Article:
They could have moved by jumping, sometimes on four legs and sometimes on two.

It’s unusual for a single kangaroo genus to live in such different environments, he says. “For example, it is now known that the different types of Protemnodon “They inhabited a wide range of habitats, from arid central Australia to the forested mountains of Tasmania and New Guinea, with high rainfall.”

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The third of the new species, Protemnodon dawsonae, is known from fewer fossils than the other two and is more of a mystery. Most likely it was a medium-fast manakin, something like a swamp wallaby.

Its name comes from the research of Australian paleontologist Lyndall Dawson, who studied the systematics of the kangaroo and the fossil material from “Big Sink”, the part of the Wellington Caves in New South Wales from which it is primarily known. the species.

To collect data for the study, Dr. Kerr examined the collections of 14 museums in four countries and examined “almost every piece of it.” Protemnodon that exist”.

“We photographed and 3D scanned, measured, compared and described more than 800 specimens collected in Australia and New Guinea. It was quite an undertaking. After five years of research, 261 pages and over 100,000 words, I feel great to finally have it published. I hope it helps to conduct further studies on this Protemnodon and we can learn more about what these kangaroos did. “Living kangaroos are already extraordinary animals, so it’s amazing to imagine what these peculiar kangaroos might have been up to.”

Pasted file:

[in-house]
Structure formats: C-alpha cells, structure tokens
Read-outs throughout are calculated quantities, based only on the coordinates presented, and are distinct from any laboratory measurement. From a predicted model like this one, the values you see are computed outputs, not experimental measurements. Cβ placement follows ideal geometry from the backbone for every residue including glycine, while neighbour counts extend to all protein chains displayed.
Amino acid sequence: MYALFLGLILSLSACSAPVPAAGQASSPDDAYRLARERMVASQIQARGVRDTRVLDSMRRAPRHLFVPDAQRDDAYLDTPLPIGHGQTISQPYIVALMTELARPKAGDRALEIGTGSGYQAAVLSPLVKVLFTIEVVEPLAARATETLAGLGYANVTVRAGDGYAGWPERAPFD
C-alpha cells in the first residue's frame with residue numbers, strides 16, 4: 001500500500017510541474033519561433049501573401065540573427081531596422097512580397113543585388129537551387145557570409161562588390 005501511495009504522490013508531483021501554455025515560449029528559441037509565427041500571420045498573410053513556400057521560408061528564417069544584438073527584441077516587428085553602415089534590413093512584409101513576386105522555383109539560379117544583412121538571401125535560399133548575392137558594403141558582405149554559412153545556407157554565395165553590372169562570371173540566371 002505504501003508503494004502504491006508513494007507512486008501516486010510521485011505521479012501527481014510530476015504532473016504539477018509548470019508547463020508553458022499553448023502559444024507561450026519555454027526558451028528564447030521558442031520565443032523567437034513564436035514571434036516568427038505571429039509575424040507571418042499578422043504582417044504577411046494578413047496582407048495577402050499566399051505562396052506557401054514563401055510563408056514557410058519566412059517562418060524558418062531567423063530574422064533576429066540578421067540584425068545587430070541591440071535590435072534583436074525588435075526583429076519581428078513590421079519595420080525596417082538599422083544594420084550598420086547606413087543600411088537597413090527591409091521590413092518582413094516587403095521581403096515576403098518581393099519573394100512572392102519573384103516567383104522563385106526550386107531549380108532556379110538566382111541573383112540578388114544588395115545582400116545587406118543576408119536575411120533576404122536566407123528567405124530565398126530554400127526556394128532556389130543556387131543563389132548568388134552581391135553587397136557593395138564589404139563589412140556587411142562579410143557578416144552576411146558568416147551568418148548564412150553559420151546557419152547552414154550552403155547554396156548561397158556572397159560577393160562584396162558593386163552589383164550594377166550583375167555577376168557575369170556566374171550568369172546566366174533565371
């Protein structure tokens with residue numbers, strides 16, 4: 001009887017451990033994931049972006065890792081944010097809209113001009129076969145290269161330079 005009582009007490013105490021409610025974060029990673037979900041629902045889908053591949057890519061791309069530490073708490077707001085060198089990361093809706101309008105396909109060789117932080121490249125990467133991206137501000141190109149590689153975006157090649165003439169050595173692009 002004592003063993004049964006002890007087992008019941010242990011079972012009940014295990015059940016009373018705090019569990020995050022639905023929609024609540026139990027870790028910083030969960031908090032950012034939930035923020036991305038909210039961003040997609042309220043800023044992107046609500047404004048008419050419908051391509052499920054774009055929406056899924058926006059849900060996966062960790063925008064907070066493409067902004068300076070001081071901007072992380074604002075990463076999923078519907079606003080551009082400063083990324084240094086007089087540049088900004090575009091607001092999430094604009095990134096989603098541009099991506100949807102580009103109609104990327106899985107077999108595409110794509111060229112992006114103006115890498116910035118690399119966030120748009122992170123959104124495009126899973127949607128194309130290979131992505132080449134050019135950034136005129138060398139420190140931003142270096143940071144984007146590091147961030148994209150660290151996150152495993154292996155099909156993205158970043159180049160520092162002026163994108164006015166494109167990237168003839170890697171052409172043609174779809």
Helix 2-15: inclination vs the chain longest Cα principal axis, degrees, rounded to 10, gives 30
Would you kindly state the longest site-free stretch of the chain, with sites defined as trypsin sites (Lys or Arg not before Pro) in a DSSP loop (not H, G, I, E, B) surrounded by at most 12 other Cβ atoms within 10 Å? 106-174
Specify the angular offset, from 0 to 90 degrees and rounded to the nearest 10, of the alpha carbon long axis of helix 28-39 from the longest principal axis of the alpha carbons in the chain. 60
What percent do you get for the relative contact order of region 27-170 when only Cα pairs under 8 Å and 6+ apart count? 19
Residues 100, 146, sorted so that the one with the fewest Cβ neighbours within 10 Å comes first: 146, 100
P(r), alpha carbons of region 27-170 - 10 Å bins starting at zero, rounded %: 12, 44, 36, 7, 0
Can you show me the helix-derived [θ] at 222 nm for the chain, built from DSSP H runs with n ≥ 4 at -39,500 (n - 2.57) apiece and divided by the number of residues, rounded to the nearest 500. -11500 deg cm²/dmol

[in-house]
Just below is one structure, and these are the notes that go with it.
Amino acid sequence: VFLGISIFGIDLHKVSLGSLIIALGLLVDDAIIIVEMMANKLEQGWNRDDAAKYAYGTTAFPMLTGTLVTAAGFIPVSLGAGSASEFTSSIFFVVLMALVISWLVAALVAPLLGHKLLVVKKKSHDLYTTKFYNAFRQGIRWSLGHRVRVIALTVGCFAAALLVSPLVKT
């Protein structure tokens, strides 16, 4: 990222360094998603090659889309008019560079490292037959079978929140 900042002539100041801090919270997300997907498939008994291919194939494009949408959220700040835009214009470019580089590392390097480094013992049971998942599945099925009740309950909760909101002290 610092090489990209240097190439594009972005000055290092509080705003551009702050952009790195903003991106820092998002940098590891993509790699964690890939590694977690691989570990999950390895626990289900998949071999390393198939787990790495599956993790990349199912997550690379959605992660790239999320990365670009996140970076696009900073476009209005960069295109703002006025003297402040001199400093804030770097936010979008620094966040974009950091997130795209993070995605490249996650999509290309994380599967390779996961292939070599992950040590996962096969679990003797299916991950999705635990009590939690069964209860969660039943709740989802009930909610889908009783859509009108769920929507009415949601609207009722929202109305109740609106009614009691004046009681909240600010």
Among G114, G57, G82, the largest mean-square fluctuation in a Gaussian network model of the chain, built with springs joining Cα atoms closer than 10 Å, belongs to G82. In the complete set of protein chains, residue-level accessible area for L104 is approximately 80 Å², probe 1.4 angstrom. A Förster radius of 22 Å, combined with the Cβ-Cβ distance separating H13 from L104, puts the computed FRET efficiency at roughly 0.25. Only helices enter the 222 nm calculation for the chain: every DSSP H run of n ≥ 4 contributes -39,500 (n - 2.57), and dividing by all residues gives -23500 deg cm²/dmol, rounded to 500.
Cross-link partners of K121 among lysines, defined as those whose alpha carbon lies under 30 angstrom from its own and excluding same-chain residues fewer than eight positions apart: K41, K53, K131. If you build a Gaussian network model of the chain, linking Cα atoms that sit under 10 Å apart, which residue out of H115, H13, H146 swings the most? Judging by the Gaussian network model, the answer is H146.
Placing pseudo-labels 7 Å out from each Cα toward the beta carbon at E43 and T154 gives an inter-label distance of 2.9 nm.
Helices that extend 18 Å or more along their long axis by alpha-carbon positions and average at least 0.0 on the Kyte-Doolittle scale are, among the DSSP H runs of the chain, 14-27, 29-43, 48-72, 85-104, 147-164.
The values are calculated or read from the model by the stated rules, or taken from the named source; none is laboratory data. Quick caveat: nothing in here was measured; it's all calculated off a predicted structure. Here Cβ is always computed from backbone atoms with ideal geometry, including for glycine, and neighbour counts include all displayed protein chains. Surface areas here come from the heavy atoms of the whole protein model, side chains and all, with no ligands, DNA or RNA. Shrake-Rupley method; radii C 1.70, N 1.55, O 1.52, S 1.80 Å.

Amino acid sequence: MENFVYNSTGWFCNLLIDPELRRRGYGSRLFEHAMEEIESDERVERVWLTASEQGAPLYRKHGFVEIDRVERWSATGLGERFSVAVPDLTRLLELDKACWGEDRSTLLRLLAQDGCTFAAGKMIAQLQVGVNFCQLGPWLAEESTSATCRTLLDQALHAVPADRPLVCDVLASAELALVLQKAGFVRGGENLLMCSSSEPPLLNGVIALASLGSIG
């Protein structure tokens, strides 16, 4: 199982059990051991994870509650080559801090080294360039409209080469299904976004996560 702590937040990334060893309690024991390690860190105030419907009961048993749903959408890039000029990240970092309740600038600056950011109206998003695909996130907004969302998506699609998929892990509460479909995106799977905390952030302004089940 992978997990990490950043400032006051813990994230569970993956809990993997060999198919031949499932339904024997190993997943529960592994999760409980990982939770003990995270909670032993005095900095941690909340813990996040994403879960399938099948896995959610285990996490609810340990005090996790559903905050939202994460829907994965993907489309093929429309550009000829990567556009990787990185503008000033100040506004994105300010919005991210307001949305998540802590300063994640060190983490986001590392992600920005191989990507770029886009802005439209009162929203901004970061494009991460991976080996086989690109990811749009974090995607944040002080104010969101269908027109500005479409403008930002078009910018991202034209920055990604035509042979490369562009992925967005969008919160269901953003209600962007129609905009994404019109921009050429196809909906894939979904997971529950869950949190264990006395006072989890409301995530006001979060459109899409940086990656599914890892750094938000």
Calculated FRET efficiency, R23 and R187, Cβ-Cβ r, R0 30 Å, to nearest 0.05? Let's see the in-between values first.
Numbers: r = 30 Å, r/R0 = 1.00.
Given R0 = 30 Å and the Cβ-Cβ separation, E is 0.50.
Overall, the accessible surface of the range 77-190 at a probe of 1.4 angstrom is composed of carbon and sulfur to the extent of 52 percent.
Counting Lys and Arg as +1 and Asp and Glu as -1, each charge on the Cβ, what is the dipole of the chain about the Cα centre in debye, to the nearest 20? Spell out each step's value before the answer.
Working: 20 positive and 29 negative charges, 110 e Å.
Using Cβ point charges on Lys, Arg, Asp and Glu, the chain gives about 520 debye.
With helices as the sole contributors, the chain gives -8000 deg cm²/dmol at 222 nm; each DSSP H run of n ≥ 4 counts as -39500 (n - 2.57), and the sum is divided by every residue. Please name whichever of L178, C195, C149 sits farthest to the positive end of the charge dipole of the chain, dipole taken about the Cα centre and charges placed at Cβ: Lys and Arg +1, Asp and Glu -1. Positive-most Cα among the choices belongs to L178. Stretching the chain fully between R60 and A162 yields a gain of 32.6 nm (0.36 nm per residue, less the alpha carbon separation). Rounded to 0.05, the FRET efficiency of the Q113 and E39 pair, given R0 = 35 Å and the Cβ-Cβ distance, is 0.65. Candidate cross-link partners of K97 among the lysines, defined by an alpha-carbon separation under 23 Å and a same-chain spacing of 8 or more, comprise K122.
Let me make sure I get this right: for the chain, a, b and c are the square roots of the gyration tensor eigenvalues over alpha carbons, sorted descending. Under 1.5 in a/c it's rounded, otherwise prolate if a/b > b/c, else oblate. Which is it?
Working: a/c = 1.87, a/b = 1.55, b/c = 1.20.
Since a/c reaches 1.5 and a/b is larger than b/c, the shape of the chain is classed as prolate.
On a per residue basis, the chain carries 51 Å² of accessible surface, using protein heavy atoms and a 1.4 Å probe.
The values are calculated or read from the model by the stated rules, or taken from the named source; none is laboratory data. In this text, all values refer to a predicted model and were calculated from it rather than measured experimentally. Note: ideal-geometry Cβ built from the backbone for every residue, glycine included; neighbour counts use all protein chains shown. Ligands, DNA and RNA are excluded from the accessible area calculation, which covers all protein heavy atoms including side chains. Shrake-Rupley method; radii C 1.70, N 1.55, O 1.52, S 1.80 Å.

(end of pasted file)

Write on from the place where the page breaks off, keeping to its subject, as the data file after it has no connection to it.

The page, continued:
About 40,000 years ago, all of them Protemnodon was extinct on mainland Australia

Although the fossils of Protemnodon They are quite common in Australia, in the past they have been found “isolated”, that is, as individual bones without the rest of the animal. This has made it difficult for paleontologists to study Protemnodon in the past, as it is difficult to know how many species there were, how to tell them apart, and how they differed in size, geographic distribution, movements, and adaptations to their natural environment differentiated.

By about 40,000 years ago, all protemnodons were extinct on mainland Australia, although they may have survived slightly longer in New Guinea and Tasmania. This extinction occurred despite their differences in size, adaptation, habitat, and geographic distribution.

For reasons that remain unclear, this was not the case for many similar and closely related animals such as the wallaroo and the gray kangaroo. This study could help answer this question soon.

“It’s great to have clarity about the species identity of Protemnodon,” says Gavin Prideaux, Flinders Professor and co-author of the important paper published in Megataxa.

“Fossils from this genus are widespread and are found regularly, but most of the time there is no way to know for sure which species they are.” “This study could help researchers feel more confident when working with Protemnodon.”

REFERENCE

Systematics and paleobiology of kangaroos of the late Cenozoic genus Protemnodon (Marsupialia, Macropodidae)

Images: FLINDERS UNIVERSITY